THE World Wide Web is a global and universal technology, but not necessarily a globalising and universalising one. To the contrary, the Web can and has been used to promote local pride and the appreciation of local themes, processes, institutions, and individuals.
In recent weeks, I have made the acquaintance of two websites that focus on the history and lore of two of the loveliest towns in India. The first site is located in the town I was born and raised, Dehradun. The Doon is known to some as a home of elite public schools, and to others as a military centre. But to the more sporting minded, it is known for having produced a stream of outstanding footballers. The site I speak of (www.dehradunfootball.com) focuses on them, on men such as Ram Bahadur and Bir Bahadur, Shyam Thapa and Bhupinder Singh Rawat. Yet, its promoters have also shown an interest in other aspects of their valley's history, in its association with the freedom movement, for example.
The second site is more catholic by definition. This is churumuri.wordpress.com, which is run out of Mysore by a bunch of very talented, if somewhat obsessed Mysoreans. The town was once the capital of one of the two most progressive princely States in India (Baroda being the other one). The colleges that its Maharajas founded and funded produced a stream of outstanding graduates, who went on to play a prominent part in the history of modern India, in the fields of science (say Raja Ramanna), social science (say M.N. Srinivas), literature (say C.D. Narasimhaiah and A.K. Ramanujan), photography (say T.S. Satyan) and music (say Doreswamy Iyengar).
"Churumuri" pays equal attention to Mysore's somewhat glorious past and its sometimes troubled present. It also seeks to link past and present, as in a campaign it has launched to honour the writer who made Mysore known throughout the world, R.K. Narayan. The site mournfully notes that in the city where he long lived, and whose streets and characters he memorialised in a series of stories, there is no recognition of Narayan — no circle, cinema, hall or hostel named after him.
"The issue", writes the editor of "Churumuri", is "about how we remember our icons and legends. And how we remind them to those who will follow us. The issue is about how we perpetuate their memory to all those who enter and pass through our city".
By honouring R.K. Narayan, the city of Mysore will only be honouring itself. Not surprisingly, the website's campaign has attracted much interested comment. As one reader notes, what was distinctive about Narayan was "the simplicity of his writing. Nothing too complicated. Very few words that assault the brain so much that you need to assault the dictionary". How best can Mysore remember him? The suggestion to name a road after him is quickly, and I believe rightly, rejected. "The problem with naming roads after individuals", writes a Mysorean, "is that over time, the road and the surroundings develop character(istics) contrary to the values of the person after whom it is named. As an example, take a look at all the M(ahatma) G(andhi) roads in India — I am sure even the ashes of this honourable man must be squirming at what goes on along these roads".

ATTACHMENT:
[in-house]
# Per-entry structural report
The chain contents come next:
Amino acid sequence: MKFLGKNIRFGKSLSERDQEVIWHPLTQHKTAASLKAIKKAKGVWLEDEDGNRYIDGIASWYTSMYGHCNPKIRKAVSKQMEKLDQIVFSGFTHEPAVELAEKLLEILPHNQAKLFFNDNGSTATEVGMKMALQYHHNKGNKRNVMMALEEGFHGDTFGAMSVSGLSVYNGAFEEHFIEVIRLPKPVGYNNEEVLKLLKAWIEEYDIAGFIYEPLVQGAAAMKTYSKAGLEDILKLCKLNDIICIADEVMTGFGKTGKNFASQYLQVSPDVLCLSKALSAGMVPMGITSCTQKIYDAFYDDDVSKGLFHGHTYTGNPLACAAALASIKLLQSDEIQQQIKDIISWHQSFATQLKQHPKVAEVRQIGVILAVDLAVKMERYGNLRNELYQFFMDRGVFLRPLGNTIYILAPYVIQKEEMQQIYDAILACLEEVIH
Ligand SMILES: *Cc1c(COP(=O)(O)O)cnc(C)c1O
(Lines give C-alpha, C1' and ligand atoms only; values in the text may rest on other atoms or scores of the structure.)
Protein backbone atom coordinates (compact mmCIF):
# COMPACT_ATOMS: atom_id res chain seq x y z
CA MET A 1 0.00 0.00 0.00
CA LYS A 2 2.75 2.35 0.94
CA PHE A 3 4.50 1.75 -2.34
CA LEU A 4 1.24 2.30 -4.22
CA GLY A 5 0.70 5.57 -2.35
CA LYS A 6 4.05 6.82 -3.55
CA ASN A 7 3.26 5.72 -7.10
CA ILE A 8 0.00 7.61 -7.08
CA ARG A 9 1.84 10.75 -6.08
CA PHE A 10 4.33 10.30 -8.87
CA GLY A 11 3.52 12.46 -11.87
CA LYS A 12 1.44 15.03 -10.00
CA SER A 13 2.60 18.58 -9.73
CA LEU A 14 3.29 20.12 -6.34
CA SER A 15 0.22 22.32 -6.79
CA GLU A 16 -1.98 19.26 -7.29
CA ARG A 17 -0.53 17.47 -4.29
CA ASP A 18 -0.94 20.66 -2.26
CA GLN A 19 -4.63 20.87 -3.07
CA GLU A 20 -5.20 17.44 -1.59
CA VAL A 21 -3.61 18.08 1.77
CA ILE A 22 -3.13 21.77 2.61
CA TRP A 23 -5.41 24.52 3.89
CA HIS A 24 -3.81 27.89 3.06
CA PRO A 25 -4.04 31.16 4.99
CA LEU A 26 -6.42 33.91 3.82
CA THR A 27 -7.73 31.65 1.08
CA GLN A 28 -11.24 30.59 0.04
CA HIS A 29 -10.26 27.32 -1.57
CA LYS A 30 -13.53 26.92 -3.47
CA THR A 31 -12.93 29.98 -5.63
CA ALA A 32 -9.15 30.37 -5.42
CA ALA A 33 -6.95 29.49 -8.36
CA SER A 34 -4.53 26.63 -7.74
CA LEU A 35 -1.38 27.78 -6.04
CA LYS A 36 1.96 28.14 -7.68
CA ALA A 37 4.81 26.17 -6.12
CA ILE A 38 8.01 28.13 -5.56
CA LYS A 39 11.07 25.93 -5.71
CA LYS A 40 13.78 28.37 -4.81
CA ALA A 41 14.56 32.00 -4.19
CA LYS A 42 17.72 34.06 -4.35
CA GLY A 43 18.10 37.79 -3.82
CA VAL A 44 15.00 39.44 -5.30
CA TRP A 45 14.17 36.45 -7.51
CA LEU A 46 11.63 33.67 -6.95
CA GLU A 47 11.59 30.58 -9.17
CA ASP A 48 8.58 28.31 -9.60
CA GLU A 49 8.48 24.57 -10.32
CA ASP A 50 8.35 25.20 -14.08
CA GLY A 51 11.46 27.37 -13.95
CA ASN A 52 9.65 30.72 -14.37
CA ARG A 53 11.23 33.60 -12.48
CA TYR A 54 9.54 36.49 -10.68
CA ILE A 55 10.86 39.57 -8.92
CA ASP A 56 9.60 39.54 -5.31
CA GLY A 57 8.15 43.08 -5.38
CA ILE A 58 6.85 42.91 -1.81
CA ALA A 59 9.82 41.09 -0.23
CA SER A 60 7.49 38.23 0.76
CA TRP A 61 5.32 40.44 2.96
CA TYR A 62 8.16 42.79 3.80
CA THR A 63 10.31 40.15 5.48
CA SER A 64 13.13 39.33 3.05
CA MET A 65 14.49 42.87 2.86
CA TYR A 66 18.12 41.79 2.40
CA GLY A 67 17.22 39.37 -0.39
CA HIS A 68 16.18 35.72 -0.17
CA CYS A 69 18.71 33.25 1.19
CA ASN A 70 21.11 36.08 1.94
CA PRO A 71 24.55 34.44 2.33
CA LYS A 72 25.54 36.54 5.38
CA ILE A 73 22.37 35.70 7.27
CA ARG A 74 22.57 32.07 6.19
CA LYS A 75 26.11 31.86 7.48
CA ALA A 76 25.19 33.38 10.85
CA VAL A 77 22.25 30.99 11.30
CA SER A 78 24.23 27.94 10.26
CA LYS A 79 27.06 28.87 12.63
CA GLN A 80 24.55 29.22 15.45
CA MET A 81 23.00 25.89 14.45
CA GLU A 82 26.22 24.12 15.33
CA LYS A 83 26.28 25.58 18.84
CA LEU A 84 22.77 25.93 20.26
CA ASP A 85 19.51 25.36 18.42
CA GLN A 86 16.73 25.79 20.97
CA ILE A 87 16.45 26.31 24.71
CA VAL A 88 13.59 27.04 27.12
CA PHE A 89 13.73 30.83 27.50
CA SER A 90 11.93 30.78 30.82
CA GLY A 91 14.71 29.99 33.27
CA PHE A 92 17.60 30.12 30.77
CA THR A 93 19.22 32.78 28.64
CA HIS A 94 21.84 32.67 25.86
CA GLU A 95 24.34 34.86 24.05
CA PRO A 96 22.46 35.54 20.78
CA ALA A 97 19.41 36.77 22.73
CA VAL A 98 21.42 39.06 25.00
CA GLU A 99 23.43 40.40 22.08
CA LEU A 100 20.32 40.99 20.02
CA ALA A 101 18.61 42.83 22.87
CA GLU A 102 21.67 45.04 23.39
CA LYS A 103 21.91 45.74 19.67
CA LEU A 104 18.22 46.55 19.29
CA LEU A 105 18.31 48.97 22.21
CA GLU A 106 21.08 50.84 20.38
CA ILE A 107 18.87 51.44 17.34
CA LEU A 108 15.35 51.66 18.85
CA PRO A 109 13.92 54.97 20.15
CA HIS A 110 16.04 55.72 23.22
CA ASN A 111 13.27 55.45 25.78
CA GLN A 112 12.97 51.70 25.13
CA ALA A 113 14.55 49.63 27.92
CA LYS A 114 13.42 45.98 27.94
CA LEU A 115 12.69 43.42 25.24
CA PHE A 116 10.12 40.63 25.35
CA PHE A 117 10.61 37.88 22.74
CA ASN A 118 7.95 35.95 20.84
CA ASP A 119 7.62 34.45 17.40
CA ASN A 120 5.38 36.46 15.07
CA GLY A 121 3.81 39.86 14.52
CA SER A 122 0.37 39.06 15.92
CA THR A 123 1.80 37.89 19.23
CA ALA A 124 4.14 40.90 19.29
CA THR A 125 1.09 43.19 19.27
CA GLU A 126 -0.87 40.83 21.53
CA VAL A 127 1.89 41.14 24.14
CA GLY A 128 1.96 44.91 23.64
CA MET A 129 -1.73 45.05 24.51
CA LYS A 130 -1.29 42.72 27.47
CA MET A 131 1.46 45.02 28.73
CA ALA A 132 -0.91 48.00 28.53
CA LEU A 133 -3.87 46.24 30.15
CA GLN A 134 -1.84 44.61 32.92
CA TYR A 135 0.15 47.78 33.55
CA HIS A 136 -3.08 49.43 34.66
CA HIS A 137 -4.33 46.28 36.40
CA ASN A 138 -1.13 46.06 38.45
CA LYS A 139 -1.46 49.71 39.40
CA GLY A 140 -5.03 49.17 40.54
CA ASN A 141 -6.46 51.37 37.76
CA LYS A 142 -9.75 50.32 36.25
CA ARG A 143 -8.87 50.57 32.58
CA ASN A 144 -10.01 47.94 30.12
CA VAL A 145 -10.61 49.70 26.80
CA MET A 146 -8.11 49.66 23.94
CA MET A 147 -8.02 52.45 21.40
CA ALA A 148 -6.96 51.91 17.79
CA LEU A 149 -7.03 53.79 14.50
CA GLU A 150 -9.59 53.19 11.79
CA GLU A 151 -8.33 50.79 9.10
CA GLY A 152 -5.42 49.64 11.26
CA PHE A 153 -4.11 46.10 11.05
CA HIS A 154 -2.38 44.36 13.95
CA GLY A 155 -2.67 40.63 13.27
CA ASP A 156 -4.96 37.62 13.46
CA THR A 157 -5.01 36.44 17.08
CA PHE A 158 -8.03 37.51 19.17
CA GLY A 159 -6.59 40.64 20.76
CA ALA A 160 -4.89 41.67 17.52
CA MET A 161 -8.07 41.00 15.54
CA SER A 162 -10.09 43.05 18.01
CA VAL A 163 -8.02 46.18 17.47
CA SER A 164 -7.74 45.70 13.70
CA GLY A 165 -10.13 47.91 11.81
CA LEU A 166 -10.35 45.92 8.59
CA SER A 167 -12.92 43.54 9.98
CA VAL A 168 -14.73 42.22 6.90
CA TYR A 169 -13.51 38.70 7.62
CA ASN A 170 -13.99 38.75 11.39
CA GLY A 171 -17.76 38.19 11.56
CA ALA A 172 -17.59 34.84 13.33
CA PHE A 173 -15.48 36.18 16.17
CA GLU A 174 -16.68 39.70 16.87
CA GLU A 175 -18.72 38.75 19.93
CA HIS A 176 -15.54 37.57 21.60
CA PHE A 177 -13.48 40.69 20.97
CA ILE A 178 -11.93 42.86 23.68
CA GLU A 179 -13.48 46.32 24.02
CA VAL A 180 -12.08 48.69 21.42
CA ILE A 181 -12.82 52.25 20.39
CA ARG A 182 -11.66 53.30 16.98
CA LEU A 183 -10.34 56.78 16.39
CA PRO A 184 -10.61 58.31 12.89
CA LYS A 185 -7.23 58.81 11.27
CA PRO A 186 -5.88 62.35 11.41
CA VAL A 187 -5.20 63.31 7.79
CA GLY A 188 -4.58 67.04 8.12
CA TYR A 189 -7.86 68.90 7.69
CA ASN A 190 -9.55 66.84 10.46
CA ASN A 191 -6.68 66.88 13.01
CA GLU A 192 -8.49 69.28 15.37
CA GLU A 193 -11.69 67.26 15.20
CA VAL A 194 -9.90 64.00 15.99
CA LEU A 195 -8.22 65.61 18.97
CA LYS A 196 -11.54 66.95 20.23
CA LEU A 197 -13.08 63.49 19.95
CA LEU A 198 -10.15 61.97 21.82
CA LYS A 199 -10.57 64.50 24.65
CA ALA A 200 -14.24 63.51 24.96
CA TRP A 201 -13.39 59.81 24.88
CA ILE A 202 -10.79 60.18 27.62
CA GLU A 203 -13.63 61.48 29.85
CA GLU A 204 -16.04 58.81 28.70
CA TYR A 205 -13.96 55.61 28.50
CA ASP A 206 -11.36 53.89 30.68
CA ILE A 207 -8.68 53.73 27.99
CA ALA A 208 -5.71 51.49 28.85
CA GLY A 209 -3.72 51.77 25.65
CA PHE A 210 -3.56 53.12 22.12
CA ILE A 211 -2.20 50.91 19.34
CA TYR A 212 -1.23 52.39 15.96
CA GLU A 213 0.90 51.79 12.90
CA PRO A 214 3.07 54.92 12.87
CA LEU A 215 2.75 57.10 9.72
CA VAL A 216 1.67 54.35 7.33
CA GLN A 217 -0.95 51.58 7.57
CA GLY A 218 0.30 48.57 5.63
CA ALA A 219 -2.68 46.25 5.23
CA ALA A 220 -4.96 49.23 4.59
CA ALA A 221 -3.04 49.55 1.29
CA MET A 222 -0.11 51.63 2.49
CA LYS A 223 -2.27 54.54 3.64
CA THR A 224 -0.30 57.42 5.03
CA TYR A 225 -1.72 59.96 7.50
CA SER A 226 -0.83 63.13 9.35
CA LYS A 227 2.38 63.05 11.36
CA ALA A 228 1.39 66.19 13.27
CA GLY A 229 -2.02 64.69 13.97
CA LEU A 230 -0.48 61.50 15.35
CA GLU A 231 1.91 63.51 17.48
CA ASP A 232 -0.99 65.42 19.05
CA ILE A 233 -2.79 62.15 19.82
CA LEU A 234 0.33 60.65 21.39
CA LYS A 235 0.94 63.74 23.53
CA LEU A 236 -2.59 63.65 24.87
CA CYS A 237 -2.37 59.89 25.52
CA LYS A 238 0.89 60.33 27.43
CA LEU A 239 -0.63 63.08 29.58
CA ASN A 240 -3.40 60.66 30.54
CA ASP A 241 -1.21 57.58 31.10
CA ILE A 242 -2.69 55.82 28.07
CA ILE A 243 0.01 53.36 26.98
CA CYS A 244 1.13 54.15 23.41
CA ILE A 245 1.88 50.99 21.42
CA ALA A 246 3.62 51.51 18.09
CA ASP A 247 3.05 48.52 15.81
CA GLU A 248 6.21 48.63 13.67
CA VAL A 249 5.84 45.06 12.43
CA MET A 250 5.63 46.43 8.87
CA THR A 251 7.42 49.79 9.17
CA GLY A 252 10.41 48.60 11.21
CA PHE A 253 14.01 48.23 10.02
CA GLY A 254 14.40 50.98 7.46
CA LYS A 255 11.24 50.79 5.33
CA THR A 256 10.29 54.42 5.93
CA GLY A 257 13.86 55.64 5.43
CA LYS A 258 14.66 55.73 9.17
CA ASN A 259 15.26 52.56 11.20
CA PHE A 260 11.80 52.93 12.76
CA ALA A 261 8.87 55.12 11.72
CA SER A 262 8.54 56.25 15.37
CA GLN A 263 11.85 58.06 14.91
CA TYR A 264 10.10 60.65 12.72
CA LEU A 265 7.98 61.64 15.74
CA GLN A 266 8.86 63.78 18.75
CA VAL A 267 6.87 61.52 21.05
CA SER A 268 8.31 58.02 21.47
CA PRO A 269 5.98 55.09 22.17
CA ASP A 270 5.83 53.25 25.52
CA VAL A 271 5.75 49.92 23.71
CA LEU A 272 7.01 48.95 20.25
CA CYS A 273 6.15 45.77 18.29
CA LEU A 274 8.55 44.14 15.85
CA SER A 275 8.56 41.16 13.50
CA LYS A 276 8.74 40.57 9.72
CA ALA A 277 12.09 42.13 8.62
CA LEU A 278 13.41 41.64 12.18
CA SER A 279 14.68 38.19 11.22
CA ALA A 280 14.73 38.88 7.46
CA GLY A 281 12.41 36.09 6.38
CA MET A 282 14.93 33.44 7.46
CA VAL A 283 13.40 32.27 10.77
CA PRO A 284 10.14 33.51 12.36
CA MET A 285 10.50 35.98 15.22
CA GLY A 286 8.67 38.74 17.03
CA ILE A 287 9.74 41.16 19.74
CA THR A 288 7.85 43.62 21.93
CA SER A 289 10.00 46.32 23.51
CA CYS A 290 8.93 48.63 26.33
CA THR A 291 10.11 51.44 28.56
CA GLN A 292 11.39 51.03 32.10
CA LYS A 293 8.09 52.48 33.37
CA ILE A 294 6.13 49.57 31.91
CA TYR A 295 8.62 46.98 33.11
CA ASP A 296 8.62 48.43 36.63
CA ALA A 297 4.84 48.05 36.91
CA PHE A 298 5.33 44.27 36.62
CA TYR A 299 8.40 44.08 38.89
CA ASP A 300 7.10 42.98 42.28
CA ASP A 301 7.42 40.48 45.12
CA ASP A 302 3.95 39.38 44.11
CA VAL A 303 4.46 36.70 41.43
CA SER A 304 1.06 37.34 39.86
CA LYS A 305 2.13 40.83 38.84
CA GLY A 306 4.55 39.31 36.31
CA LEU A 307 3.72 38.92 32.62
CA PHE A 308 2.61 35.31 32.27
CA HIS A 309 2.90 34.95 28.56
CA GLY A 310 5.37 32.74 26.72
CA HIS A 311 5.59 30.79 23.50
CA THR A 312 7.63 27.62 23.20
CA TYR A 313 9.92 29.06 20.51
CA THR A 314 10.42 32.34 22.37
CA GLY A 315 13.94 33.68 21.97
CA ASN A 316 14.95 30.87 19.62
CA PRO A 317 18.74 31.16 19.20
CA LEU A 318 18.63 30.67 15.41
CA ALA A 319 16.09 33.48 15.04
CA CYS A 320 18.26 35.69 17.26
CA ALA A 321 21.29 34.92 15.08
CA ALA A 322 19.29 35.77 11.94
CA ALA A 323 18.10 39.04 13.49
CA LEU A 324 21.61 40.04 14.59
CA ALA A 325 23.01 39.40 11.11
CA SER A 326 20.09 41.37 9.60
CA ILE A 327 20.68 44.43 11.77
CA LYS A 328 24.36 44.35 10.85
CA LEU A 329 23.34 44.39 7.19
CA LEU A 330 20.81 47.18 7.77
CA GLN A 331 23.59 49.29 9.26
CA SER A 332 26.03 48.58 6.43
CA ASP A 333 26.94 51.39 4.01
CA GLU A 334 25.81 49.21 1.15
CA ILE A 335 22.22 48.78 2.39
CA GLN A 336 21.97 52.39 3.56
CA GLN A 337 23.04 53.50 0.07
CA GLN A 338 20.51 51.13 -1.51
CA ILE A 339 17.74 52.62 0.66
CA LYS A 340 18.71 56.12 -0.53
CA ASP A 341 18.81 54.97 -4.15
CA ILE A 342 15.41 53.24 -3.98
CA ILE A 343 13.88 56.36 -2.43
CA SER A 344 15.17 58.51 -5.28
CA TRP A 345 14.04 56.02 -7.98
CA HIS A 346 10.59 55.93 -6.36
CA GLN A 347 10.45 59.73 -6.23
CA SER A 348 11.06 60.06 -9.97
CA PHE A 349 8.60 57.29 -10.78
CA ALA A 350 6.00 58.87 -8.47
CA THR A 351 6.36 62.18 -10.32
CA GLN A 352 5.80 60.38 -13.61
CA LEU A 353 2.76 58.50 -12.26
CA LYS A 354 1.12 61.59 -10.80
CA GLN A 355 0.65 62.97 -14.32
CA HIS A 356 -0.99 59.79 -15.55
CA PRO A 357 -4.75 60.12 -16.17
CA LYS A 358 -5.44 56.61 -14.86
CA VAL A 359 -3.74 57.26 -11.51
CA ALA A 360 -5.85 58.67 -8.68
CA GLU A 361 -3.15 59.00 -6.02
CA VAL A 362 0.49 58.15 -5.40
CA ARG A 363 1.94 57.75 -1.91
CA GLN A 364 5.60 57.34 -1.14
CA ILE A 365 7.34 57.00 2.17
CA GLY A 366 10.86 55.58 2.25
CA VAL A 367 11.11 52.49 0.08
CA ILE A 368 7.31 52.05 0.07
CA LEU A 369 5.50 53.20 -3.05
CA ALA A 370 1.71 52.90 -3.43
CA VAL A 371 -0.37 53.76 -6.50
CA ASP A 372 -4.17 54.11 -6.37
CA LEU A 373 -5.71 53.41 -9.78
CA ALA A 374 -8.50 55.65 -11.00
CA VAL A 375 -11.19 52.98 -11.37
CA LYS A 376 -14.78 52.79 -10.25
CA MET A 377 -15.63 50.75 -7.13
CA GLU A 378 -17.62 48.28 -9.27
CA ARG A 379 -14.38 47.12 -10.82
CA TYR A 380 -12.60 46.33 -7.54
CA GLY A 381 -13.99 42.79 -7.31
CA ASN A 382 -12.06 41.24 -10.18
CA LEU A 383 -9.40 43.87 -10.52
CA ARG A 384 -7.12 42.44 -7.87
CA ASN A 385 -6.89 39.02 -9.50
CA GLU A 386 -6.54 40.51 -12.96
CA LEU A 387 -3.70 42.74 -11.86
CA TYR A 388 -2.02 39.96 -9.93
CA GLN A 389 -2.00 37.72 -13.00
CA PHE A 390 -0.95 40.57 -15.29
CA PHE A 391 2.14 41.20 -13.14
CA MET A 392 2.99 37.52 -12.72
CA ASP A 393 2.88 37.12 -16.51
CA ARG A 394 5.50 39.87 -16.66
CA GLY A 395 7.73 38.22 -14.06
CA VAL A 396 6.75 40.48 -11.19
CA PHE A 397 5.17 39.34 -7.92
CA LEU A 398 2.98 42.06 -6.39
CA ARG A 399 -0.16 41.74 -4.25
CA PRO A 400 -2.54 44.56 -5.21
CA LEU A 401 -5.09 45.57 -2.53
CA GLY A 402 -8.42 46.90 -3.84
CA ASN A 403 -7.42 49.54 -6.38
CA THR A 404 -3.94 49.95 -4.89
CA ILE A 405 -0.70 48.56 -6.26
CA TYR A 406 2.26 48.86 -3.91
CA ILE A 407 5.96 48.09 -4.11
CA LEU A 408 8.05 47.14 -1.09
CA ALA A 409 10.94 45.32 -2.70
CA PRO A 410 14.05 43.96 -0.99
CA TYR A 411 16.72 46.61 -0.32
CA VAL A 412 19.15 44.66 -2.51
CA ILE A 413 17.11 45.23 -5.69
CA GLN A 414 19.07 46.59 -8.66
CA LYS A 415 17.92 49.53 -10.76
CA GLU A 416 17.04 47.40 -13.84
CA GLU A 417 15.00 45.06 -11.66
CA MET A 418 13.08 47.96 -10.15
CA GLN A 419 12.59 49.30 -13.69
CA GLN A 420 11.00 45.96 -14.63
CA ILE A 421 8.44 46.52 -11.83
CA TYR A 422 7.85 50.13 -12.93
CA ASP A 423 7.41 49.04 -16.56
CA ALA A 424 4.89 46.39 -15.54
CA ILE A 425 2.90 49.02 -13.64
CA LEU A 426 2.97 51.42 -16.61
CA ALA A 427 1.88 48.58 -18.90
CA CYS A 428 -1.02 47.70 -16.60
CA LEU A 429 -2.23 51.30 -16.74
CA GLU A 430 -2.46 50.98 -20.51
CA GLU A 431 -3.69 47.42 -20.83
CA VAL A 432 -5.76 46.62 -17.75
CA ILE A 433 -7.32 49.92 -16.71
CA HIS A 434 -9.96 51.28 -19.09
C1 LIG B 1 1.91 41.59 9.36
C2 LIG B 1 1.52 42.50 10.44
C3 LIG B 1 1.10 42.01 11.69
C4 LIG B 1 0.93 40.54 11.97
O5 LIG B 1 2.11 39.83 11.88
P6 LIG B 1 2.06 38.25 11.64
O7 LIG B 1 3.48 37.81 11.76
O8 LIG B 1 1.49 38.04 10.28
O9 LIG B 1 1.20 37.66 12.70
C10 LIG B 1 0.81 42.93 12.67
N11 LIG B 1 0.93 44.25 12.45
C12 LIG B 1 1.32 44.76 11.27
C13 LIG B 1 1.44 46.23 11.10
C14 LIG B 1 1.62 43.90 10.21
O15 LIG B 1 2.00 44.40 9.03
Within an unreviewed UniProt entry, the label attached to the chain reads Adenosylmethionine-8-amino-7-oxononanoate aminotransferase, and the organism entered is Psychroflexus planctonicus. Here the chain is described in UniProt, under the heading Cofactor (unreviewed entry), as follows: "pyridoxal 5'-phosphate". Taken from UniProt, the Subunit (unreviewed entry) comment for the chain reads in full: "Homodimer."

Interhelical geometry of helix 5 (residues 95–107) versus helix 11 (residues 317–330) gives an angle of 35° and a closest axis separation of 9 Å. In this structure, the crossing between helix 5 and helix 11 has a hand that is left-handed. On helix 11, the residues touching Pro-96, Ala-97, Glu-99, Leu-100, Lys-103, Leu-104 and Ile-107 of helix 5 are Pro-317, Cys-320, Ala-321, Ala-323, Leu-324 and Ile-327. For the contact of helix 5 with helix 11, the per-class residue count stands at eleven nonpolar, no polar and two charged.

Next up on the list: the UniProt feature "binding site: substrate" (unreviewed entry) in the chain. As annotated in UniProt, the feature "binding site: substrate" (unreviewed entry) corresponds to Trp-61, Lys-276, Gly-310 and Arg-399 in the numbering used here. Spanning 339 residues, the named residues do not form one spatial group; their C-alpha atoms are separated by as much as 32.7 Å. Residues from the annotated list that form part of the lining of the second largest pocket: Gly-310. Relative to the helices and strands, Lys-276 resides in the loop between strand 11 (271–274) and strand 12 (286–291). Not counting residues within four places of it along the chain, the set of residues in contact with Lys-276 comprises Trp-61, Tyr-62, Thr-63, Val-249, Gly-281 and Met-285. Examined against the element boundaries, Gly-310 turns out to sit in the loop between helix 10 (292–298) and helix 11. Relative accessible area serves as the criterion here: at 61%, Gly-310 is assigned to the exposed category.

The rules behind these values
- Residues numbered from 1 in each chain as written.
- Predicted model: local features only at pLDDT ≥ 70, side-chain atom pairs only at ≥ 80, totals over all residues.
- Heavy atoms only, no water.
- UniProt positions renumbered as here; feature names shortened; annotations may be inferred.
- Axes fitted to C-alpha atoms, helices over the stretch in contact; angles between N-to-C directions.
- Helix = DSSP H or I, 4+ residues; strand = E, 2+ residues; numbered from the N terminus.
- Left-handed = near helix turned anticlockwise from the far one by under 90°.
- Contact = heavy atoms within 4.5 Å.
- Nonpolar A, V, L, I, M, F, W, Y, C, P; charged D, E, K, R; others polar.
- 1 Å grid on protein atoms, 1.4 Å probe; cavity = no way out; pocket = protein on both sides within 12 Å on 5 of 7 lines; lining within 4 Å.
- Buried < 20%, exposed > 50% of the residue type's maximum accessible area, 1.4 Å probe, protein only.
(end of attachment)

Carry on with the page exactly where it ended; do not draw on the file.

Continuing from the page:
One proposal, which I believe might find wide acceptance, is to convert the house that Narayan lived in Yadavgiri — this, I believe, is still in the possession of the family — into a library, reading room, and conference centre. Museums tend to museumise, to render a legacy still and lifeless. However, this scheme would permit the writer's own home to yet be a place where words and ideas are discussed and debated. Another suggestion which caught my fancy is for a train to Mysore to be named (what else!) the "Malgudi Express".
The "Churumuri" campaign is motivated by a proper sense of history, and a proper respect for one of the city's most remarkable residents. But, I am glad to report, it is also motivated by a sense of competitive local patriotism. Karnataka's other great cultural centre, the twin towns of Hubli-Dharwad, has a private bus service named after the poet D.R. Bendre. How then can Mysore treat its singular literary jewel any different?
As a regular visitor to Mysore, I support the "honour Narayan" campaign for two reasons. The first is my admiration for the man. (My favourite Narayan novels are Swami and Friends and The English Teacher, these written in two entirely different, and opposed, registers, the comic and the tragic.) The second reason is that I have myself long argued that Indians must do more to remember their artists, writers, scientists and musicians. For what "Churumuri" writes of Mysore is basically true of all our towns and cities: to wit, "If all we have to show to the world are roads, circles, memorials, halls, localities named after two-bit politicians, three-bit goons and four-bit operators, what a pathetic city we will turn out to be". email@example.com
Source: The Hindu